Faced with a novel technology, product design agency Whipsaw spotted a tantalising opportunity to develop a standout piece of home fitness equipment. Stephen Holmes speaks to the team behind the design of Tonal about honing the design to create the perfect form
For Dan Harden, the story of his involvement with Tonal begins when inventor Aly Orady arrived at Harden’s Palo Alto, California home with a small cylindrical electric motor. The motor had a pulley and cable attached to its side, and under his arm, Orady was carrying a laptop.
Within minutes, Orady had the motor clamped onto Harden’s dining table and the computer hooked up. He asked Harden to take a seat and grab hold of the cable. “I pulled on the cable and there was resistance,” Harden recalls. “My mind was going, like, ‘Oh shoot! How?!’”
He still had his doubts about how adjustable or smooth this experience could be – until Orady tapped away at the laptop and told him to pull again on the cable. This time, the resistance was even stronger. “It was one of those clairvoyant moments,” Harden says.
As CEO of Whipsaw, a design agency with offices in San Jose and San Francisco, Harden and his team have worked on a wide range of projects, spanning many different industries and verticals. These include personal electronics and wearables for the likes of Google, Samsung and Nike, as well as medical diagnostic, therapeutic and surgical products. Also in the mix are landmine detectors, weld defect scrubbers and an AIdriven robotic false eyelash applicator.
So while the appearance of an inventor on Harden’s doorstep may not be an everyday occurrence, you get the strong impression that this former employee of Frog Design and Henry Dreyfuss Associates always welcomes genuine innovation.
“Every client that comes to us has a set of problems,” he says. Sometimes, these are mostly cosmetic, as in the case of client TP Link, which worked with Whipsaw on creating “gorgeous” routers, he says.
The Tonal project, by contrast, presented the agency with a multidisciplinary challenge, he says: “It had to be beautiful. It had to be functional. It had to be safe. It had to be manufacturable.”
The user experience (UX) part of the puzzle was particularly demanding, he continues. “The interaction on the screen had to be extraordinary and deeply integrated into our design solution. Where are the buttons? How do you control this thing? How do you move the arms up, down, left, right and out? That’s problem solving.”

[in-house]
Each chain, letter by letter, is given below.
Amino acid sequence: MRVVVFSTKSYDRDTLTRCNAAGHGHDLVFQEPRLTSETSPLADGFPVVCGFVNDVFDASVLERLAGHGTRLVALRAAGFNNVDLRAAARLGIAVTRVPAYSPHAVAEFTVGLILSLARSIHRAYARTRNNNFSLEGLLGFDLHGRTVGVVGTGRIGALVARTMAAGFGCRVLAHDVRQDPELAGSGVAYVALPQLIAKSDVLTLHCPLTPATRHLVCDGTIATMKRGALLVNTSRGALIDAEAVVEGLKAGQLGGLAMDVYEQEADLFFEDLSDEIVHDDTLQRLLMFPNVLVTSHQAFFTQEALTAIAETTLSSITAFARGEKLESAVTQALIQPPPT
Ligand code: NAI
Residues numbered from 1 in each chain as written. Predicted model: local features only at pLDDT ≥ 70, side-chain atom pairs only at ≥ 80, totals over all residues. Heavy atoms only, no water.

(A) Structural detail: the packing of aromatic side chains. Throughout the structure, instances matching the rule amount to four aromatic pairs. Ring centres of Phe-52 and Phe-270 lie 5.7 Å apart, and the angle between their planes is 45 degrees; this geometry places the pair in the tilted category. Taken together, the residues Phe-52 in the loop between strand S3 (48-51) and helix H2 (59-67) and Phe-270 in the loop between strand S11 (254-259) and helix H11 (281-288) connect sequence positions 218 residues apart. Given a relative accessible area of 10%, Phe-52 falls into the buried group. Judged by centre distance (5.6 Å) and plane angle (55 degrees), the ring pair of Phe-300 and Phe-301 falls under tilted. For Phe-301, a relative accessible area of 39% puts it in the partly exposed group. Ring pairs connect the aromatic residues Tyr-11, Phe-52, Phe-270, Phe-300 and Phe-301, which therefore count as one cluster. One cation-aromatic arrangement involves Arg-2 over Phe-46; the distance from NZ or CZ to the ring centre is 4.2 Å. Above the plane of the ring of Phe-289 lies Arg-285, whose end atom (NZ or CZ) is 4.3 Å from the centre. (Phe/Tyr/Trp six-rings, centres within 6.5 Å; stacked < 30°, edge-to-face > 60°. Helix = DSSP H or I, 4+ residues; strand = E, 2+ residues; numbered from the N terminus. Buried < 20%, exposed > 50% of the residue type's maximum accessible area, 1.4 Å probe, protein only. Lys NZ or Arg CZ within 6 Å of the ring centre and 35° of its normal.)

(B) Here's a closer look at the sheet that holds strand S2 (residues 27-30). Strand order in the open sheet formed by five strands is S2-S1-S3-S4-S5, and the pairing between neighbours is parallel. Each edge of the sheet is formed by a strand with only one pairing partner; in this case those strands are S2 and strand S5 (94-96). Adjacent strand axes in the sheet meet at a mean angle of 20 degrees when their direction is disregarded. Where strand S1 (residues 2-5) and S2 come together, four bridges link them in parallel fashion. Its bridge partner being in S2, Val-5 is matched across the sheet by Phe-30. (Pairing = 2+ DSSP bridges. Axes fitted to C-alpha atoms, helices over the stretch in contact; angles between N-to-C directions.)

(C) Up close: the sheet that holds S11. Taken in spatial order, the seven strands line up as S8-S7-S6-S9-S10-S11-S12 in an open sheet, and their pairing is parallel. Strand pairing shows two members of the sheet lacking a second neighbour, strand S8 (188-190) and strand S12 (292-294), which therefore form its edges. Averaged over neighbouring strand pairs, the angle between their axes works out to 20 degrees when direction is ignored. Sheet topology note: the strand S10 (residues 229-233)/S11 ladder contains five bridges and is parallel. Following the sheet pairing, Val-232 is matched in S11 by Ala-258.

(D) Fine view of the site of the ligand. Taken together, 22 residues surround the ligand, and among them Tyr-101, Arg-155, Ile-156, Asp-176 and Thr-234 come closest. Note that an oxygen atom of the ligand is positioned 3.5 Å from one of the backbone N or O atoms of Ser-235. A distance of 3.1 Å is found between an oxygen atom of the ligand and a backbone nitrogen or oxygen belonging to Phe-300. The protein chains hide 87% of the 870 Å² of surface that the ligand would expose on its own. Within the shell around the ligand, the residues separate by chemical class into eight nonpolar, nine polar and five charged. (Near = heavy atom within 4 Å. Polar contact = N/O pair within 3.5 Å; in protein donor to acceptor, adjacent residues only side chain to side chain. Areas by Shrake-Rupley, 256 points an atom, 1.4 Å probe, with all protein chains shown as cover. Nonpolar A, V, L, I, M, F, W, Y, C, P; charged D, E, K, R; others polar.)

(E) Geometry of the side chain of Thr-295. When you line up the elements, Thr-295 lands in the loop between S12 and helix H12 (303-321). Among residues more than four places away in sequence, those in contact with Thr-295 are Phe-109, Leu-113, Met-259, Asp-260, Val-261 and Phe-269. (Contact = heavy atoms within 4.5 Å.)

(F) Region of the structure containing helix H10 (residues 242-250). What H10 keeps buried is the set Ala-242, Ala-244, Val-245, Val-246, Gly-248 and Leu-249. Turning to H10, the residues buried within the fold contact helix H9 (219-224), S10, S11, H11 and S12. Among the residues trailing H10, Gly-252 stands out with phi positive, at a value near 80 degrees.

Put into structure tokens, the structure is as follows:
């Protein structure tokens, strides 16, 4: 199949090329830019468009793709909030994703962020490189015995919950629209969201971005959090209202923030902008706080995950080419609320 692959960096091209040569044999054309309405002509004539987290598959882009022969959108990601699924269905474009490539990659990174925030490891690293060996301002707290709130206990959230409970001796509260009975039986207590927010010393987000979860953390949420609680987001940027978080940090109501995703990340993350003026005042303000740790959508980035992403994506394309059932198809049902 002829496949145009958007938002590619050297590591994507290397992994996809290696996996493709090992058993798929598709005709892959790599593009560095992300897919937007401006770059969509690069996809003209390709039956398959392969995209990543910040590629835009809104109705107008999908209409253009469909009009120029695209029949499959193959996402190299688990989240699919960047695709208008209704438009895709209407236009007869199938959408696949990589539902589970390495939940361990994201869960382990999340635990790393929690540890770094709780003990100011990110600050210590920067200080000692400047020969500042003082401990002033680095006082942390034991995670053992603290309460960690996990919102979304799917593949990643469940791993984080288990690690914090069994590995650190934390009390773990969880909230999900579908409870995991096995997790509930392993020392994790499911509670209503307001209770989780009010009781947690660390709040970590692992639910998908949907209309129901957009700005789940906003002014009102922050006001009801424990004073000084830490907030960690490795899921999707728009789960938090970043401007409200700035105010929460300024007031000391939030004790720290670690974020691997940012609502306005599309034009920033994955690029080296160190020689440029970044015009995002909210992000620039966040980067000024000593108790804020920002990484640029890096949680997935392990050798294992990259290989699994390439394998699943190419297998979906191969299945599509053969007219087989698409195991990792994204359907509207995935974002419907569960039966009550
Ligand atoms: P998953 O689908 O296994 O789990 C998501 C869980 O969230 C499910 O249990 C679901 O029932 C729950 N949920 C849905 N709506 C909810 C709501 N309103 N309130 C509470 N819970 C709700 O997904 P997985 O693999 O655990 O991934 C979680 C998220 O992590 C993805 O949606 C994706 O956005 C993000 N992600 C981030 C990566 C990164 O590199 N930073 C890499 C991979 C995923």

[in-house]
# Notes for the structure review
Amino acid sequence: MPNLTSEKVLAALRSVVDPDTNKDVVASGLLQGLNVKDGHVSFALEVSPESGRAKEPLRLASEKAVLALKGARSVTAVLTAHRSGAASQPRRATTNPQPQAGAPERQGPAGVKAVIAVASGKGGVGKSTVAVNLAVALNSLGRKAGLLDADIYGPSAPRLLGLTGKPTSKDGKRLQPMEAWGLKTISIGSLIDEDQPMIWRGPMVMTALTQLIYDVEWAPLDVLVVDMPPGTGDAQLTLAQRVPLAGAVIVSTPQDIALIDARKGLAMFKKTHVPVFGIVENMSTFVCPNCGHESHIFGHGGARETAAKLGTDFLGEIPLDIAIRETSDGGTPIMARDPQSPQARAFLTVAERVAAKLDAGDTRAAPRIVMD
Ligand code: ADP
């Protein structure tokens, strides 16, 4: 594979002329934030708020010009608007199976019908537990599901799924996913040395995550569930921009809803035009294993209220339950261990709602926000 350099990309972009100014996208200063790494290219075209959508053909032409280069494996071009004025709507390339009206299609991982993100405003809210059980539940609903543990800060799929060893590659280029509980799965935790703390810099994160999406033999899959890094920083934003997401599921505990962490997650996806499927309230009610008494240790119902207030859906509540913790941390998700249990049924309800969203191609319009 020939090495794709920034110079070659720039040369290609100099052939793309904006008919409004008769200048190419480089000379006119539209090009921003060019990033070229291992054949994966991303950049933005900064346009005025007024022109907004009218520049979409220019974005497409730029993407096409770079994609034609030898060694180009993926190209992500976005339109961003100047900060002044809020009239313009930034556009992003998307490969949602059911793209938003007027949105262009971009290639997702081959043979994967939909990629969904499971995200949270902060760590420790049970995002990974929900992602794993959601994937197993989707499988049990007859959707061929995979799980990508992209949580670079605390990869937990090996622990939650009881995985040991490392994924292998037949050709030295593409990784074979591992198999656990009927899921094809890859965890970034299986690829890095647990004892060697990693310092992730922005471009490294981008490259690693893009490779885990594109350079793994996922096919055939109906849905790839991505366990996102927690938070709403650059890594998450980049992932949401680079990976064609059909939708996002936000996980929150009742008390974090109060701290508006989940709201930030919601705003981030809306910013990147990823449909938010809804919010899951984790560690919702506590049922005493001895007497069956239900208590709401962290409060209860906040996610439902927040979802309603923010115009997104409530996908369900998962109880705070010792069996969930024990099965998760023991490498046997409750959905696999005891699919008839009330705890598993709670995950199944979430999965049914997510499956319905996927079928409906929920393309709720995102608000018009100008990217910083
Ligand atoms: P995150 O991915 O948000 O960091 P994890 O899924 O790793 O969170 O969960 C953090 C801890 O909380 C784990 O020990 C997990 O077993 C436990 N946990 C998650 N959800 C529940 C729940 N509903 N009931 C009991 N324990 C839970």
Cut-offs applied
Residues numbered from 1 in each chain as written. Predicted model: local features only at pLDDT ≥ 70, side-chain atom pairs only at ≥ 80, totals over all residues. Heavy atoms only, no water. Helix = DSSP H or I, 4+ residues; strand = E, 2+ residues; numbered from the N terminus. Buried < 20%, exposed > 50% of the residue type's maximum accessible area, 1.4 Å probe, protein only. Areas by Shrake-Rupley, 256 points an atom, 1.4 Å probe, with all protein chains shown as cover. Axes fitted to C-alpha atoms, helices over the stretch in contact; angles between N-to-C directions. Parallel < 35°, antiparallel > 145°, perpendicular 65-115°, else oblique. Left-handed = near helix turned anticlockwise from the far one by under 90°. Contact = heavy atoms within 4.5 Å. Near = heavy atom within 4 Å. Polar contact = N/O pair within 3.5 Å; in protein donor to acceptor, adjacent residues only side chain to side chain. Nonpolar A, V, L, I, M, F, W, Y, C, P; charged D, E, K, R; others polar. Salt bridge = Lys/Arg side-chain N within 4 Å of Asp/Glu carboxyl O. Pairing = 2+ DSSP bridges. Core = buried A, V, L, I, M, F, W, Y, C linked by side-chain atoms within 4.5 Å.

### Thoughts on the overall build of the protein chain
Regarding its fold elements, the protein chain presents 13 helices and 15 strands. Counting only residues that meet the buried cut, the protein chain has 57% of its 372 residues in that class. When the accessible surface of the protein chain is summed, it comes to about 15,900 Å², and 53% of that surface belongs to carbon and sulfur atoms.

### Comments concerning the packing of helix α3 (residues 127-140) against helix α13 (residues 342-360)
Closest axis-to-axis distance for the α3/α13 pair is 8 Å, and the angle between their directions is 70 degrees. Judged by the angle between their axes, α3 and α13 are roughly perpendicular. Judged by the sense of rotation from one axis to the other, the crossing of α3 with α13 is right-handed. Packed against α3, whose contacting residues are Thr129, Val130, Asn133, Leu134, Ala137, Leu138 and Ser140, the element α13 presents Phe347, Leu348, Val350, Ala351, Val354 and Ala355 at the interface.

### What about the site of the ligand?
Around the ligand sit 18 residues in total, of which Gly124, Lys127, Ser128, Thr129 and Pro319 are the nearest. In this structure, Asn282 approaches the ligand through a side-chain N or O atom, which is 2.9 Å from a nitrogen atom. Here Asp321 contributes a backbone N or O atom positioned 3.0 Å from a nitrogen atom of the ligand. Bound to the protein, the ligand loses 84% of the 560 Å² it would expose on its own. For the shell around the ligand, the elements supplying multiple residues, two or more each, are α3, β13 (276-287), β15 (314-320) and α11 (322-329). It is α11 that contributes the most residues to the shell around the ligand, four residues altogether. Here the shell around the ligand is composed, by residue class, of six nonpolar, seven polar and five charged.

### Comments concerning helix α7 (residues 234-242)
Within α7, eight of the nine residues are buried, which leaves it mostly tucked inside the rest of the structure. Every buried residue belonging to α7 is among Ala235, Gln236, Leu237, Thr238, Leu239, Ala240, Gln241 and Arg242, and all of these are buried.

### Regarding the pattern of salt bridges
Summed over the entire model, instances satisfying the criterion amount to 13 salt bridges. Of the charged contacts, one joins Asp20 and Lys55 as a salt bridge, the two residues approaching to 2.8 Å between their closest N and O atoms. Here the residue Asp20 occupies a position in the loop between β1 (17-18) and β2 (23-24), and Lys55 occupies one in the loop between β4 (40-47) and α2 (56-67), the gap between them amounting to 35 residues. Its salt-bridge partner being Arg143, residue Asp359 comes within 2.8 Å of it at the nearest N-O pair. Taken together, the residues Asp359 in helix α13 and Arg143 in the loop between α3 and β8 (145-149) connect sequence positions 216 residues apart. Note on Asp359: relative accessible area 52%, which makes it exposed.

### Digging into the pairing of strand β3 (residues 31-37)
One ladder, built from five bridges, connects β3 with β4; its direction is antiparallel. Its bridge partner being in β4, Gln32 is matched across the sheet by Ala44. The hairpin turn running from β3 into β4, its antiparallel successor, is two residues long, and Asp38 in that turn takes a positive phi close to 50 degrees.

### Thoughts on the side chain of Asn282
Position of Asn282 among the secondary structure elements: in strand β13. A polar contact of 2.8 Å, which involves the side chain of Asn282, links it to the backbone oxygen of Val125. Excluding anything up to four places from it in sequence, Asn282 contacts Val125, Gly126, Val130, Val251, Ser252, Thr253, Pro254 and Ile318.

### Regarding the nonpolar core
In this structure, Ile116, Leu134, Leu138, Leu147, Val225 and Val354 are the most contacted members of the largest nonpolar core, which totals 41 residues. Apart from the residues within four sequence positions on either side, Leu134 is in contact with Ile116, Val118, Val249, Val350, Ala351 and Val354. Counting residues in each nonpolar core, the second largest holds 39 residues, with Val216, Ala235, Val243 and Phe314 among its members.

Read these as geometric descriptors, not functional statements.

Tonal – power of resistance
Three and-a-half years after the initial dining-table test, Tonal was launched, immediately making waves in the home fitness technology market with its new type of resistance training.
Hanging on the wall like a flatscreen TV, the device uses Orady’s compact electromagnetic resistance motor, controlled by smart software and machine learning, to provide a constantly changing, smooth and precise resistive force.
Tonal is capable of replacing a huge swathe of gym equipment. A pair of independently moving arms pivot out on vertical columns and move up or down to accommodate every workout, ranging from standing lat pull-downs to low squats and lateral chest flys.
Sensors control the weight resistance and respond to the user automatically. If you’re struggling to complete a rep, the machine will automatically spot you. The large display brings live coaching and interactive video workouts direct to your home.
“It’s like this new category of technology design,” says Cole Derby, one of Whipsaw’s directors of industrial design. “It’s part invention, and then part shrinkwrapping and figuring out certain ergonomics and movements on the inside – the motors and pulleys and all this stuff that needs to happen.” Smart fitness technology has boomed since the arrival of brands like Peloton, but with Tonal, there’s a shift away from the notion of heavy equipment taking up space in a room.
“That’s a big distinction of this product, because you’re not standing or sitting on it,” says Derby. “It’s not a treadmill.
It’s not a bike. We can’t rely on gravity or your own body weight. And if you’re pulling up to 200lbs, what are you attached to?”
Tonal is mounted directly onto a wall, a method that Harden says took some convincing for the client, who didn’t like the idea of a product needing professional installation and the impact that might have on elements like online sales.
“He was really sceptical about putting it on the wall – but to us, that was one of these truths that we had to discover,” says Harden. “We wanted users to be reminded about their health and encouraged to work out, so we hung it on a wall.” Another of Whipsaw’s directors of industrial design, Ari Turgel, suggests that the ability to wall-mount the system changes how people think about managing their exercise equipment.
“You start to pair that up with the understanding of the environment, so it’s the user’s home,” he says. “It’s not a gym. It’s probably a tech-savvy user, maybe a little bit affluent; they understand some of the basics, but it’s a totally new thing. And then they have their own user tendencies. So, you start to map all those out, whether that’s in your mind or on paper, and you start to discover these insights.”